Saturday 23 September 2017

Alphabet's Google the last word in generating online revenue

If you think about it nobody ever says
If you think about it nobody ever says "I will look it up on the internet" - we just simply 'Google it'. And if you are lost somewhere, it is no longer a case of putting the destination into the sat nav - we simply 'stick it into Google maps'. Stock photo: Rafael Ben-Ari/Chameleons Eye

Aidan Donnelly

For decades, as consumer brands have become integral parts of our lives, another phenomenon has grown in lockstep - anthimeria. Now before you all tune out or start looking up medical journals for the symptoms, bear with me and I will explain, because believe it or not, we all have experience of it.

How many among you say that you are 'doing the Hoovering' when vacuuming the carpet? Or order a 'Ballygowan' in a bar when you want a sparkling water? Magazines we read have hundreds of images that have been 'Photoshopped' rather than digitally enhanced and we may 'Xerox' them rather than photocopying them

The list of examples where brand names have become either the category name or the verb used for the action is long and in this technologically advanced age you might expect that it wouldn't happen, yet one company would beg to differ.

If you think about it nobody ever says "I will look it up on the internet" - we just simply 'Google it'. And if you are lost somewhere, it is no longer a case of putting the destination into the sat nav - we simply 'stick it into Google maps'.

When Google listed on the stock market in August 2004, it was all about the internet search engine and the associated advertising revenue potential. But the company's rapid growth since incorporation has seen many changes, not least its name. In August 2015, Google announced plans to reorganise its various interests as a conglomerate called Alphabet Inc - and triggered a chain of products, acquisitions, and partnerships beyond this core search engine. The Google operations remain Alphabet's leading subsidiary, and continue to be the umbrella company for their internet interests.

Today Alphabet has an unparalleled technology platform, creating opportunities in multiple compelling and growing markets. Google has a dominant position in the online advertising market and is poised to benefit from the growth tailwinds in internet search and display advertising, particularly as it moves onto mobile devices.

While at its core, Google is a technology company, the amount of advertising-related revenues it generates means it is one the largest media companies, having single-handedly driven search advertising to the mainstream. As the manner in which we consume media content changes, Alphabet is well positioned through its ownership of YouTube.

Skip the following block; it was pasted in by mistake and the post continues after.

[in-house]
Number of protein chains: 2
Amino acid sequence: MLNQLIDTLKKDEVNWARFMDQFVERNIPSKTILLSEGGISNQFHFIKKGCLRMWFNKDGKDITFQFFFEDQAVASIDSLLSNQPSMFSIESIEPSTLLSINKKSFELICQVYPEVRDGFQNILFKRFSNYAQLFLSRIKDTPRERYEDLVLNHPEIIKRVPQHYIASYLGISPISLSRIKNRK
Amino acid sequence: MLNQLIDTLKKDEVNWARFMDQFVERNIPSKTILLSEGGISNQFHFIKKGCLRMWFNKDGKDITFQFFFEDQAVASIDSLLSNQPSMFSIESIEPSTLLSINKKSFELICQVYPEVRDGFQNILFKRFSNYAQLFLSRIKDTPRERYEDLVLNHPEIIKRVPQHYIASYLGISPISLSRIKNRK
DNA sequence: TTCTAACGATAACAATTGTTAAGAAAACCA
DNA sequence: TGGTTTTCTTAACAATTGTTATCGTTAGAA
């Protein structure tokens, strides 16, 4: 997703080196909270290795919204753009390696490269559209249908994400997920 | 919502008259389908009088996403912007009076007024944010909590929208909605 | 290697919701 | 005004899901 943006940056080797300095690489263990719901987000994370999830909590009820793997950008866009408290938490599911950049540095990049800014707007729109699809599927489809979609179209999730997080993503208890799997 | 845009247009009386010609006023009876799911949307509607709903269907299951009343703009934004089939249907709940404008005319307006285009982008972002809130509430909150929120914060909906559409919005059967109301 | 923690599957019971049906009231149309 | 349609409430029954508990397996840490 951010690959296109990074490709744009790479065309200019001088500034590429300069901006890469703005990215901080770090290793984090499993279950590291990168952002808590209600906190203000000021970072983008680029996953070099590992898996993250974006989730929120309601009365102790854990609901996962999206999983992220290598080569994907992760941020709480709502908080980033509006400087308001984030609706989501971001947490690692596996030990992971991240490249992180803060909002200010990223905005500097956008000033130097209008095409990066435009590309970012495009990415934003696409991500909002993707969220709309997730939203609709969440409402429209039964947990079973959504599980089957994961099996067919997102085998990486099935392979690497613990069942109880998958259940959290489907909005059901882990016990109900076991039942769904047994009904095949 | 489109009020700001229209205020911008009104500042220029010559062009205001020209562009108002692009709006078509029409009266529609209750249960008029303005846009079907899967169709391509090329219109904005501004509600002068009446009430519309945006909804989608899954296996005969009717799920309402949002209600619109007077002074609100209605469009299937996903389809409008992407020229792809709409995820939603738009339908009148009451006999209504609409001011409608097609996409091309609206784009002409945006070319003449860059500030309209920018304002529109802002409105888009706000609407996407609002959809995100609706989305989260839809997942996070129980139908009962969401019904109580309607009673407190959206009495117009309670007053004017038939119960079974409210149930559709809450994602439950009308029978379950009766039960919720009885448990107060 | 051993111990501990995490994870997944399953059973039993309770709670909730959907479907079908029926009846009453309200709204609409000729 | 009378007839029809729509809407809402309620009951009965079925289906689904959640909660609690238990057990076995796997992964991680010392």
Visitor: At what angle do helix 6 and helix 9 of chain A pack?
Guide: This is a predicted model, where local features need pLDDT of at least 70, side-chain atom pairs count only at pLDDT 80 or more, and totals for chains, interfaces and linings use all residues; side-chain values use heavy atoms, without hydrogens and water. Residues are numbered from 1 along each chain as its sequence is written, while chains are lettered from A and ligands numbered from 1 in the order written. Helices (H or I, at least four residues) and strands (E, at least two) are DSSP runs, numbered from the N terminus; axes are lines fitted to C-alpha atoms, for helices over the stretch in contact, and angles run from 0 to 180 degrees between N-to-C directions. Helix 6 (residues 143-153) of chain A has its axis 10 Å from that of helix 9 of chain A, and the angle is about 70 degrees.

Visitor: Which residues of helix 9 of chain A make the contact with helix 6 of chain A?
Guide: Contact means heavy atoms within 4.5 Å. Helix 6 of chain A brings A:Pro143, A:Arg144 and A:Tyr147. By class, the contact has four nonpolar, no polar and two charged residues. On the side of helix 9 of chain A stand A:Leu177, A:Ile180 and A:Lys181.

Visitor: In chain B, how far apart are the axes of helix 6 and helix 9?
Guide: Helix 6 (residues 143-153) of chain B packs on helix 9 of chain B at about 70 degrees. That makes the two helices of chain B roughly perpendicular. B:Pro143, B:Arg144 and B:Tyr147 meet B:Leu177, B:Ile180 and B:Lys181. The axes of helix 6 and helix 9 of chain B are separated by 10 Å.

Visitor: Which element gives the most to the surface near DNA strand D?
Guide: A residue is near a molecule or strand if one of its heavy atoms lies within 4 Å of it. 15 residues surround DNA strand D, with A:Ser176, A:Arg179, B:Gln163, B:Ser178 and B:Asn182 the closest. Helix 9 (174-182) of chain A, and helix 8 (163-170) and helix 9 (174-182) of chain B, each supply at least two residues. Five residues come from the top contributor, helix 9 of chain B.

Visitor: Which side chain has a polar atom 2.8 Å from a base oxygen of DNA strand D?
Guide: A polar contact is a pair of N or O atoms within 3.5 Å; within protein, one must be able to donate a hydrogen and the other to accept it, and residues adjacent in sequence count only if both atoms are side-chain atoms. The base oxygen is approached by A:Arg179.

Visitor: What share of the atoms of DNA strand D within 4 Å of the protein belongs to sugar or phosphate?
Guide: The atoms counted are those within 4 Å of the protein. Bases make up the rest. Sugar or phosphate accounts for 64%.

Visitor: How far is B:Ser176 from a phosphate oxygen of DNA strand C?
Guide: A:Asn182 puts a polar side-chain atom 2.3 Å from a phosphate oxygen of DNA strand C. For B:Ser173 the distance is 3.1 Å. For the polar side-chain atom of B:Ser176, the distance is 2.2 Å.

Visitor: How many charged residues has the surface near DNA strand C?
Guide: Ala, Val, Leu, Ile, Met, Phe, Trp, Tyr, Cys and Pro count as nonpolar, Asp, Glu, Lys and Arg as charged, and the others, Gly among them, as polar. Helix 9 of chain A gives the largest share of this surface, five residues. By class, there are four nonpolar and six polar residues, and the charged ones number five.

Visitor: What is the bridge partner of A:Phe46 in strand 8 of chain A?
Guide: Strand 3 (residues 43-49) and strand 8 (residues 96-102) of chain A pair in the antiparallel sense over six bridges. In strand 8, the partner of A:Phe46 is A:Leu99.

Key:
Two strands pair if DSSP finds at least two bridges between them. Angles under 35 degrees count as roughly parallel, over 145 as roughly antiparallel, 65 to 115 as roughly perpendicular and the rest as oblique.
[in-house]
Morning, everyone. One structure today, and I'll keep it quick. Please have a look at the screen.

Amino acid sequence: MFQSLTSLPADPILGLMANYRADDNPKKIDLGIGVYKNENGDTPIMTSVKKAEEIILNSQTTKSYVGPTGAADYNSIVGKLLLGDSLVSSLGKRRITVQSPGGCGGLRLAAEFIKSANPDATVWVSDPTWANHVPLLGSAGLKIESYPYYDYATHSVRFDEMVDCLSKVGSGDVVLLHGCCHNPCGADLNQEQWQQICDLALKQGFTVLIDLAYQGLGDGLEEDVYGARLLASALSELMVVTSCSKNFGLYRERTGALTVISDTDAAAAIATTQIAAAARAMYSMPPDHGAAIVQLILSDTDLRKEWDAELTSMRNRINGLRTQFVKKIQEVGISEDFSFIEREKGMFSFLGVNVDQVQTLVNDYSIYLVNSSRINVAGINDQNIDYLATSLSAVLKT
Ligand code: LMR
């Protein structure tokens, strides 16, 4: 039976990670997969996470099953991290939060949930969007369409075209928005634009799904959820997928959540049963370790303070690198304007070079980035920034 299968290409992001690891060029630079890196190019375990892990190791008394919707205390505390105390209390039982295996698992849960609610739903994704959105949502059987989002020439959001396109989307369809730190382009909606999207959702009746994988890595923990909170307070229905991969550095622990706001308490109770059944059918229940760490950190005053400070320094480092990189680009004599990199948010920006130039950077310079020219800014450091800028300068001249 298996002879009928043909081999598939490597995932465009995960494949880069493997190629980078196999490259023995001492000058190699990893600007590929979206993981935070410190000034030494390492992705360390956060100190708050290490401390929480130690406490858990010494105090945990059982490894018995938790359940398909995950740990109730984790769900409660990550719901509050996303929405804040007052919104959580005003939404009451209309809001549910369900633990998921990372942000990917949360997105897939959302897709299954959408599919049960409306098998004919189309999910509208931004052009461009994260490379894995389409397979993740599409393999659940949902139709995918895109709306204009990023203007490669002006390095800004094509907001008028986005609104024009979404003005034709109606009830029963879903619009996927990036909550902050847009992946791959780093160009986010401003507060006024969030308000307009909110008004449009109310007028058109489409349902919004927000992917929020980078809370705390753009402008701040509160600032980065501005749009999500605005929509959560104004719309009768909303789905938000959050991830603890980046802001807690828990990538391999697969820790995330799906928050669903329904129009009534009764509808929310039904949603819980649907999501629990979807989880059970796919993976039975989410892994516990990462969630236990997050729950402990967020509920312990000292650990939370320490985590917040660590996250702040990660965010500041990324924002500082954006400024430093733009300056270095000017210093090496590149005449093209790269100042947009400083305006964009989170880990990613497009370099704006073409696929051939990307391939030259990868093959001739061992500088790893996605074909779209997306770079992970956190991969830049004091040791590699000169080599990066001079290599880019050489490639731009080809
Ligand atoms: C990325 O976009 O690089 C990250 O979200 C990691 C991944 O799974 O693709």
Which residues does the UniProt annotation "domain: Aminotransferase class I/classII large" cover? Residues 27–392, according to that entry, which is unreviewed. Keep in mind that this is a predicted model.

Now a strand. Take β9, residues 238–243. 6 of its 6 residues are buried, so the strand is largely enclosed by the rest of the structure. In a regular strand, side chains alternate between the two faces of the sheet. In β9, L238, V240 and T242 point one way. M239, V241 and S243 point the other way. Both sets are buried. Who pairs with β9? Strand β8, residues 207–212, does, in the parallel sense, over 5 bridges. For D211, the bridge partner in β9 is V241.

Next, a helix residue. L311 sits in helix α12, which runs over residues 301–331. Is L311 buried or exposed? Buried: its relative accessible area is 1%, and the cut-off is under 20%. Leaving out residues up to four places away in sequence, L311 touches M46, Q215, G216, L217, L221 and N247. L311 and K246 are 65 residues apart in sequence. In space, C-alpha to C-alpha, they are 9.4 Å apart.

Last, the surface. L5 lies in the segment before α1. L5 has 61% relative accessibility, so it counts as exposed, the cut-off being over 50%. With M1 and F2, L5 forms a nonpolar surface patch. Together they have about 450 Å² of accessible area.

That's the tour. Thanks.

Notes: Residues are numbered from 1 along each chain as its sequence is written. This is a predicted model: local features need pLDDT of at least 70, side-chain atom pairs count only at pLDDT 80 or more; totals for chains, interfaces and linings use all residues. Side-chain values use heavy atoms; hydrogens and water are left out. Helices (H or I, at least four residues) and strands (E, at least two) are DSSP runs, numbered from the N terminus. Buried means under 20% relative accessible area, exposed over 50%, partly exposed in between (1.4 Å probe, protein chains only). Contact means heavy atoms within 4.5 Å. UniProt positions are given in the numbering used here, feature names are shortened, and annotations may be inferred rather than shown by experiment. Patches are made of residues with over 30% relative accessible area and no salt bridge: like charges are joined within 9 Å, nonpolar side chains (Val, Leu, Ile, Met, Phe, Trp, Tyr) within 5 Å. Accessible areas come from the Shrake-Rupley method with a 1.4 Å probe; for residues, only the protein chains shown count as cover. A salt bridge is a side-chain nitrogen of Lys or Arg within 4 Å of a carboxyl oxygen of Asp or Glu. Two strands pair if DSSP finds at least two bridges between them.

With such a strong position in the search and advertising arenas, it would have been easy for Alphabet to sit on its laurels but instead it has, on the back of continuous innovation, made an aggressive push into many nascent markets.

Google has been quietly rolling out a basic Do-It-Yourself (DIY) website builder product for small and medium sized businesses (SMB), integrated into its Google My Business solutions, over the last few weeks. This move is the most recent in a number of initiatives in the SMB space over the past decade, with various levels of investment, dating back from "Get Your Business Online" to "Go Mobile" (GoMo) to Domains to Site Builders. These initiatives are meant to get SMB's online and speed up the functionality and ease of use with the end goal of generating more advertising-related revenues.

The Google App is well distributed (111 million users in the US alone) and recently the company announced the next major evolution of its 'smart feed' for the app, available on both Android and Apple devices. Alphabet continues to push hard on machine learning (ML) capabilities, and the new version of the app is a way to leverage Google's ML technology advantage.

The company has been highlighting the advancements which should lead to better compilation of relevant streams of information for users covering sports, news, videos, music, and stories, with the added advantage of recognising interests based on cross-platform engagement (search, YouTube, etc) as well as factoring in intensity of interest. A new ability to follow/unfollow search topics lets users optimise interest inputs, a feature lacking in the preceding Google Now predictive search feature.

It's early to say how successful Alphabet can be in terms of enlisting significant numbers of new users or increasing the time existing users spend on the app, but the company's machine-learning expertise and cross-platform data pool could make for a compelling, personalised news source.

If the feed gets traction, in addition to advertising revenues, it could provide yet another source of user data that can be used for better content curation and advert targeting across other Alphabet platforms - the so called 'halo effect'. That said, it appears Google's feed is not on course for a head-on collision with Facebook, focusing content more on user-specific topics and behaviour versus friends and sharing.

Given the broad spectrum of areas that the company operate in, it might not be long before it's a case of 'Google's the word that's been heard, it's got groove, it's got meaning'.

Aidan Donnelly is Head of Equities in Davy Private Clients. Please see disclosures at www.davy.ie/AidanDonnelly

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